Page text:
After decades of sparkling water being a largely European trend, the American public is finally jumping on the bandwagon. Refreshing flavors and the pleasant bubbling sensation aside, the growth of sparkling water consumption in the United States has led many to wonder about the effects of carbonation on teeth. Is carbonation harmful for your teeth or not?
We have known for decades that sodas are harmful. The sugar alone is enough to give most dentists nightmares. However, the general population knows far less about the effects of carbonation on teeth. Is the process of carbonation in itself harmful, or is it simply the additives were so used to hearing about?
Understanding pH Levels and Your Teeth
As UCLA Health explains, sparkling water is created by dissolving carbon dioxide gas in plain water. The process creates carbonic acid, that lovely little compound responsible for the fizzing and slight tartness associated with sparkling water. Unfortunately, carbonic acid does have another effect. It decreases the pH level of the water. These solutions lower pH levels mean that they are more acidic, prompting people to ask whether sparkling water is harmful to their teeth.
Still water has a pH of 7. This is the neutral space on the scale from acidic to basic. The Center for Science in the Public Interest states that most seltzers and sparkling waters have a pH of about 4, but some brands and flavors range closer to 3. Technically, materials with an acidity of 3 to 4 can erode your teeth. So, in a scientific vacuum, it is true that sparkling water could cause enamel damage over time.
Contextualizing the Data
In truth, there are several factors you should consider before simply throwing your sparkling water off the balcony. The pH levels vary based on brand and flavoring. The minerals added to many sparkling waters balance the pH levels, showing little to no difference in their effect on your enamel, according to the American Dental Association. However, citrus flavors can also decrease the pH level of your water, further making them potentially more harmful than other flavored liquids.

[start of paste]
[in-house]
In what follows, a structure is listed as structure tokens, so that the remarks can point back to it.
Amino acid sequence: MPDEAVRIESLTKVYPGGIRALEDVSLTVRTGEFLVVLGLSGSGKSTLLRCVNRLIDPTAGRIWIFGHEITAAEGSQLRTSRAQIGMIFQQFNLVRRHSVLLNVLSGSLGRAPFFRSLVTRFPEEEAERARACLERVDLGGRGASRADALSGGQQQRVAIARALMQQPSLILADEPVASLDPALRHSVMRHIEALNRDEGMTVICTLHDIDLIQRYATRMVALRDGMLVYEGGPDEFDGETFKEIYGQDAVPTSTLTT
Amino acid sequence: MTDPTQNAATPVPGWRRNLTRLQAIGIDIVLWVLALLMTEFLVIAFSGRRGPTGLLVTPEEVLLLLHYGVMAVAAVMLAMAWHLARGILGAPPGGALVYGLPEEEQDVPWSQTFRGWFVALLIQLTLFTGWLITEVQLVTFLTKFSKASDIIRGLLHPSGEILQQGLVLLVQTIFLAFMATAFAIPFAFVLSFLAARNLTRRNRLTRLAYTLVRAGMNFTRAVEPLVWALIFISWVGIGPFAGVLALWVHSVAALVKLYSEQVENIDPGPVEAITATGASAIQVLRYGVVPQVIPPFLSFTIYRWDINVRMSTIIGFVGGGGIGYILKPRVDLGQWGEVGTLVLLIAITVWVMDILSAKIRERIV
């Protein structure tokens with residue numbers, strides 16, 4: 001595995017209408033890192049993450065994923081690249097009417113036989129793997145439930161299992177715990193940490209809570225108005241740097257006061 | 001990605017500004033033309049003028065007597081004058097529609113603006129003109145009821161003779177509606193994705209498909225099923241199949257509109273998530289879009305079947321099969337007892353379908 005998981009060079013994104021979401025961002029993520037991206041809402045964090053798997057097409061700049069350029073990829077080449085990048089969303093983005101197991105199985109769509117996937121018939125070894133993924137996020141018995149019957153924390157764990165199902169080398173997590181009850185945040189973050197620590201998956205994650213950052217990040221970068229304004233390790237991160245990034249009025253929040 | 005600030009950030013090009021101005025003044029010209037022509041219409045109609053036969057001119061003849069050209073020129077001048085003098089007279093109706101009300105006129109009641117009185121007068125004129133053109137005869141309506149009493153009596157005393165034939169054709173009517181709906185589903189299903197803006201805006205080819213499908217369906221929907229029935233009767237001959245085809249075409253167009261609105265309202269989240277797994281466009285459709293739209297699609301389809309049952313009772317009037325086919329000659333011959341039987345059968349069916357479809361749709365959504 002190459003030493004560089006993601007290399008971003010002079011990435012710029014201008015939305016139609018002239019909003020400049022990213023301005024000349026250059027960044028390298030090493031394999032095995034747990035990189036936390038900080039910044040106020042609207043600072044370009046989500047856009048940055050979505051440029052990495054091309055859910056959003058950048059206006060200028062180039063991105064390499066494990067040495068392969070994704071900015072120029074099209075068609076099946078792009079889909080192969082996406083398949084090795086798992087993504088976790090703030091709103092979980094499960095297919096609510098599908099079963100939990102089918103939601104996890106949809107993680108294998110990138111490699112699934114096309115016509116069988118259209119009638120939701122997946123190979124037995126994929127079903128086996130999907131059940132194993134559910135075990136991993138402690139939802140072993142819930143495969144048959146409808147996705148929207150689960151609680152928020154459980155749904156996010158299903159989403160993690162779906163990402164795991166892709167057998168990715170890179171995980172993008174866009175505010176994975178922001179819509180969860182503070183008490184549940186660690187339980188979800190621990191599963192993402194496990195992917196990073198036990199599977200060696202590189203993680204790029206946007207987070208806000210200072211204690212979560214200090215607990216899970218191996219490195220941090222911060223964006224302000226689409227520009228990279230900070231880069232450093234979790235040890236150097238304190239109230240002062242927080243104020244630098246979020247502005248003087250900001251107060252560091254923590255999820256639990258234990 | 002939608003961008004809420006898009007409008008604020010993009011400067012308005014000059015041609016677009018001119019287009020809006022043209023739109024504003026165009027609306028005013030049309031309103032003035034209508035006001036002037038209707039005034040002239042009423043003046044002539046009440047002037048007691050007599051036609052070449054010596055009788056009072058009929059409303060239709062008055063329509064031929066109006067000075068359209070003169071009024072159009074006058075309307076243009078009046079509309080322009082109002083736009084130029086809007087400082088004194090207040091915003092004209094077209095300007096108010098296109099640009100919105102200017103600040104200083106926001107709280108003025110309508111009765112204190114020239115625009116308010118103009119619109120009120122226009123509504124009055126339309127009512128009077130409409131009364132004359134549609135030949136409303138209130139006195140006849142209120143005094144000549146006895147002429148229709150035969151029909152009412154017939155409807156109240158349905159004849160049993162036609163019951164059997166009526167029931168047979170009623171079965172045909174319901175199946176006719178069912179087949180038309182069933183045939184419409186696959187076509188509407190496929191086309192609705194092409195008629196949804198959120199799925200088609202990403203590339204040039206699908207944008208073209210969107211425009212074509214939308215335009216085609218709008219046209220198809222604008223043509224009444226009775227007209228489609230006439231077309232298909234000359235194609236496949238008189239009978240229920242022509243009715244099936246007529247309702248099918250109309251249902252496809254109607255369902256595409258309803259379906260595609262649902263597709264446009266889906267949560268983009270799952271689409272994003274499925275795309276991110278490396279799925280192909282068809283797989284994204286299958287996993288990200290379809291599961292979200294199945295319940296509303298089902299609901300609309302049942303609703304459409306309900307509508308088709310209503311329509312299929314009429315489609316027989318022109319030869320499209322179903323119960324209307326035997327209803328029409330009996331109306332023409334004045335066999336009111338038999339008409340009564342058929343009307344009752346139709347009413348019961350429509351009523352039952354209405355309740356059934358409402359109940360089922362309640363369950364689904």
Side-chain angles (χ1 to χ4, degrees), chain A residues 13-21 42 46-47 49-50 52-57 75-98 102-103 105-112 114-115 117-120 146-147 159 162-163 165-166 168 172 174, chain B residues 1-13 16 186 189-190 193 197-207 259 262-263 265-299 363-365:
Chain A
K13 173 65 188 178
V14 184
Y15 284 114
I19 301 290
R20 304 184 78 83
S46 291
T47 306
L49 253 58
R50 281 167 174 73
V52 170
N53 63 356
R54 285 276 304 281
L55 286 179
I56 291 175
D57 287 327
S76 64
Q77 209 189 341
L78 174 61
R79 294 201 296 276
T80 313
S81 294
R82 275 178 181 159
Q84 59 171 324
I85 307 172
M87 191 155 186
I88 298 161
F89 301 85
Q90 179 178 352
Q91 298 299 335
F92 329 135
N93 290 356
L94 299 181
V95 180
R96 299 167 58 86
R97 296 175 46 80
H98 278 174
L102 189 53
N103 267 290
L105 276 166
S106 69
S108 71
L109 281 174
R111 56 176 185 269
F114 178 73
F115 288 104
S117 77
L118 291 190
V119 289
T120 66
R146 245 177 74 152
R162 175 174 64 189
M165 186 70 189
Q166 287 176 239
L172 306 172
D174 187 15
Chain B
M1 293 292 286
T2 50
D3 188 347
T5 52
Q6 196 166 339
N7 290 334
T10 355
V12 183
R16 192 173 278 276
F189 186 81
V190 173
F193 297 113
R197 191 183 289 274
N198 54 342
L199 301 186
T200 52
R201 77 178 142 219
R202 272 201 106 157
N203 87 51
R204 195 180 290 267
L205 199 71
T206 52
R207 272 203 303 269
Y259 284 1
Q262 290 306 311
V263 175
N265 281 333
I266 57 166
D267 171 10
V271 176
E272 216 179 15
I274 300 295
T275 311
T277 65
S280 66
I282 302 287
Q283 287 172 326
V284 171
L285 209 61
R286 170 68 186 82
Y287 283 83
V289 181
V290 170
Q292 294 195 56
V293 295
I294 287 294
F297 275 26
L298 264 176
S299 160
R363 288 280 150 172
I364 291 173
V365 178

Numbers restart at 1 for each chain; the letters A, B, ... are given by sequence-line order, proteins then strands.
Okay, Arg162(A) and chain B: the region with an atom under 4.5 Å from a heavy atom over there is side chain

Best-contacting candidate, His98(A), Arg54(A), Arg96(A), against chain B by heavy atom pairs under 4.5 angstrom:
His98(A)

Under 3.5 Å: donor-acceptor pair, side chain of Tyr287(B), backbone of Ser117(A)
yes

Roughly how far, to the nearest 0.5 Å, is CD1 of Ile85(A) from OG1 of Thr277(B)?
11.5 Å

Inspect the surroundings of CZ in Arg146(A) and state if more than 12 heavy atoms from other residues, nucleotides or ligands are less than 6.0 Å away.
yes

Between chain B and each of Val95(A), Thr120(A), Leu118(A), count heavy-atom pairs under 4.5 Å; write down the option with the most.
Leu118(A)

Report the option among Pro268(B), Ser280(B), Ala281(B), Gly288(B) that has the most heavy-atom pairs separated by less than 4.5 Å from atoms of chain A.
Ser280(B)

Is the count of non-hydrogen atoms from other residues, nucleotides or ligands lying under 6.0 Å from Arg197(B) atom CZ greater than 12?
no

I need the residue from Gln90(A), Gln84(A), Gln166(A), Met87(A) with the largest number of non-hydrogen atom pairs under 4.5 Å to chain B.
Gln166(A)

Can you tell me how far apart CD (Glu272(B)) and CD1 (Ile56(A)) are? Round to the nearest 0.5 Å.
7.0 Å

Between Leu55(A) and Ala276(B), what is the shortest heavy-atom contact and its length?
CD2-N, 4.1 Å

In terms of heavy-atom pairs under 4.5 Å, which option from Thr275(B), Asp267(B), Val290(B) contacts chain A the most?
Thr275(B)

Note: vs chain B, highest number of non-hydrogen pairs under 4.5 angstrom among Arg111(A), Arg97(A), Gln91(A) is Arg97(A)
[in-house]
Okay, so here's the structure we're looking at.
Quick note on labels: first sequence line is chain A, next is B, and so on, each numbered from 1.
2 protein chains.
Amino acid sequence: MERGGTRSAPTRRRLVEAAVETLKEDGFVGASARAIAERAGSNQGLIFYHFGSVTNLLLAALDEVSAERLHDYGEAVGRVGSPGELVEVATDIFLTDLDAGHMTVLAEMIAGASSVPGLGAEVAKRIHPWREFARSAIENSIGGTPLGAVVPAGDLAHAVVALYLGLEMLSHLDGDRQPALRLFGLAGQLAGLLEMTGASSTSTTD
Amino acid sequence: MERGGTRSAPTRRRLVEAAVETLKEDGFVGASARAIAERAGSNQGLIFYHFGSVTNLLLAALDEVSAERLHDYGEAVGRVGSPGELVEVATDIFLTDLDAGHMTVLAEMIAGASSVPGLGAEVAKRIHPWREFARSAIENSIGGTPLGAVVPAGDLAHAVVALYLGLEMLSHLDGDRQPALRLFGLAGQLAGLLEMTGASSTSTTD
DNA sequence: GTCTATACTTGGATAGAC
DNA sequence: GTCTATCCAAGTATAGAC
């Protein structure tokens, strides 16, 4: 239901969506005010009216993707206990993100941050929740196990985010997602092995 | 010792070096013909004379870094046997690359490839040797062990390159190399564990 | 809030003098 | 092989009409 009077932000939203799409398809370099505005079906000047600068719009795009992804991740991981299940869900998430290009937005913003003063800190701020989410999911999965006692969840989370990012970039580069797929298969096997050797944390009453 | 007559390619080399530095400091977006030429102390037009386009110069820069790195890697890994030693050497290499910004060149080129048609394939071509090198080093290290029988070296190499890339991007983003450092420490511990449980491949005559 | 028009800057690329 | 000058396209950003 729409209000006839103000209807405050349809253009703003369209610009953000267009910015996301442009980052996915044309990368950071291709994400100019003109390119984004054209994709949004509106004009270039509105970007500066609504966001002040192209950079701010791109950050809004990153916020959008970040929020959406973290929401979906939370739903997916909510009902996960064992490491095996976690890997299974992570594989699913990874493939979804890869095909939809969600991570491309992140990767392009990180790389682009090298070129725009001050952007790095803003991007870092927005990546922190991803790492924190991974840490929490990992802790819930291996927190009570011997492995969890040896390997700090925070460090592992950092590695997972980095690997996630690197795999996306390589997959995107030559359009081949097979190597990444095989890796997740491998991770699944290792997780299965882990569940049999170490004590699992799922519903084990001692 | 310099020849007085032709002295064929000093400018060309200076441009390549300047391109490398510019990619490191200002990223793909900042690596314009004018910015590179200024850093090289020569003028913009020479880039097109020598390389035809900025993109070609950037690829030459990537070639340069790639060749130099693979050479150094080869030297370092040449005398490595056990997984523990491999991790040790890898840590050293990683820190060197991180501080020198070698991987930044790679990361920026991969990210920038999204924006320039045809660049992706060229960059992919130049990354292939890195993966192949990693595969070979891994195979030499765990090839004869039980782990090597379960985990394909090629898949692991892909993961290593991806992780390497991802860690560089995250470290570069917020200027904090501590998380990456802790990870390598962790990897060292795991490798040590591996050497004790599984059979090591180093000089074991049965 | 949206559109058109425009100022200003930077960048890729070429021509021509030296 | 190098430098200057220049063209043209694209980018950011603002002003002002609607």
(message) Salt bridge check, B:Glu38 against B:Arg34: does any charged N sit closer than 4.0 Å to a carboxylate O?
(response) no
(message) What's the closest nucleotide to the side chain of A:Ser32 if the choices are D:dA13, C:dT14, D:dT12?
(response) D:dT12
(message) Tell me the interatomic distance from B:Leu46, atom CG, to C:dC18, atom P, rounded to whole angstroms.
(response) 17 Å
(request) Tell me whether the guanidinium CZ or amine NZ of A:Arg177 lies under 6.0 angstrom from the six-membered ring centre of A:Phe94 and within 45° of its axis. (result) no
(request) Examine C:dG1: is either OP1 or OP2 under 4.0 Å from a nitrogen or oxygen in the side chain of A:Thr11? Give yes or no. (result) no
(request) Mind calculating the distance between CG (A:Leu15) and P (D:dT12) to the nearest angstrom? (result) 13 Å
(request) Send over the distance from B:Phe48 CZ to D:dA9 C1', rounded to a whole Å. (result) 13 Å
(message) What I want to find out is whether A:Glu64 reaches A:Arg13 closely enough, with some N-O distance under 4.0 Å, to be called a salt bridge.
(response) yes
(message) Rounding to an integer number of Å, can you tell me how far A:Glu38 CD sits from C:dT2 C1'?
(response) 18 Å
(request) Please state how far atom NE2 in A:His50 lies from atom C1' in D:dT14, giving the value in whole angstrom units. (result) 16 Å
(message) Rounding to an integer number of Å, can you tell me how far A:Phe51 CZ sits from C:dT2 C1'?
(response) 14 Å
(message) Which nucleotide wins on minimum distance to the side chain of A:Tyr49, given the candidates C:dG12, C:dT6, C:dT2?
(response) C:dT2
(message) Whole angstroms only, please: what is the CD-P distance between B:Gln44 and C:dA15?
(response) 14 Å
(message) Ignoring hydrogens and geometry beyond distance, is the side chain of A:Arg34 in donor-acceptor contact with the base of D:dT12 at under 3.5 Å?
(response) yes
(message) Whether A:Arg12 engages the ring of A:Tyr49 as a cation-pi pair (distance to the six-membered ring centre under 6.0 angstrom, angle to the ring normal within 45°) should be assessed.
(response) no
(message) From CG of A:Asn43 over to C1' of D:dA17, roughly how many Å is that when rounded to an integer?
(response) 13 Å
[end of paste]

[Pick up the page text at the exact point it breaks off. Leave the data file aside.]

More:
Additionally, if you are eating while enjoying your favorite seltzer, then you are actively changing the pH level of the liquid as you ingest it. This means that your sugar-free seltzer is even less likely to cause lasting damage, especially if you’re brushing after your meals. As with most health decisions, context matters in this case when determining if carbonation is harmful for your teeth.
Choosing the Right Sparkling Water
Depending on your choice of sparkling water, you may have nothing to worry about when it comes to your teeth. Club soda and sparkling mineral waters both have pH levels considerably higher than 4, which is where issues begin to appear. However, this only applies to sugar-free options with non-acidic flavors.
If you prefer sugar-free sparkling waters with acidic flavors like lemon or orange, then make sure you only drink those during a meal. Skip those with added sugar entirely. You might as well drink a soda when it comes to taking care of your teeth.
Don’t Let it Replace Still Water
Even if you find that your favorite drink with carbonation is not harmful for your teeth, the American Dental Association reminds us that it is still important that we drink plenty of still water. Much of our water contains fluoride and actively protects your teeth from cavities. Therefore, you shouldn’t see sparkling water as a replacement. Rather, treat it as a nice treat for a hot day and place a little sprig of mint on top. Give the herb a chew or two for an extra antibacterial boost.
If you are concerned about your current habits and what effect they may have on your teeth, don’t hesitate to speak with the experts at OC Dental Specialists. Whether you need help with preventative care or restorative dentistry, their team will be able to get you the help you need.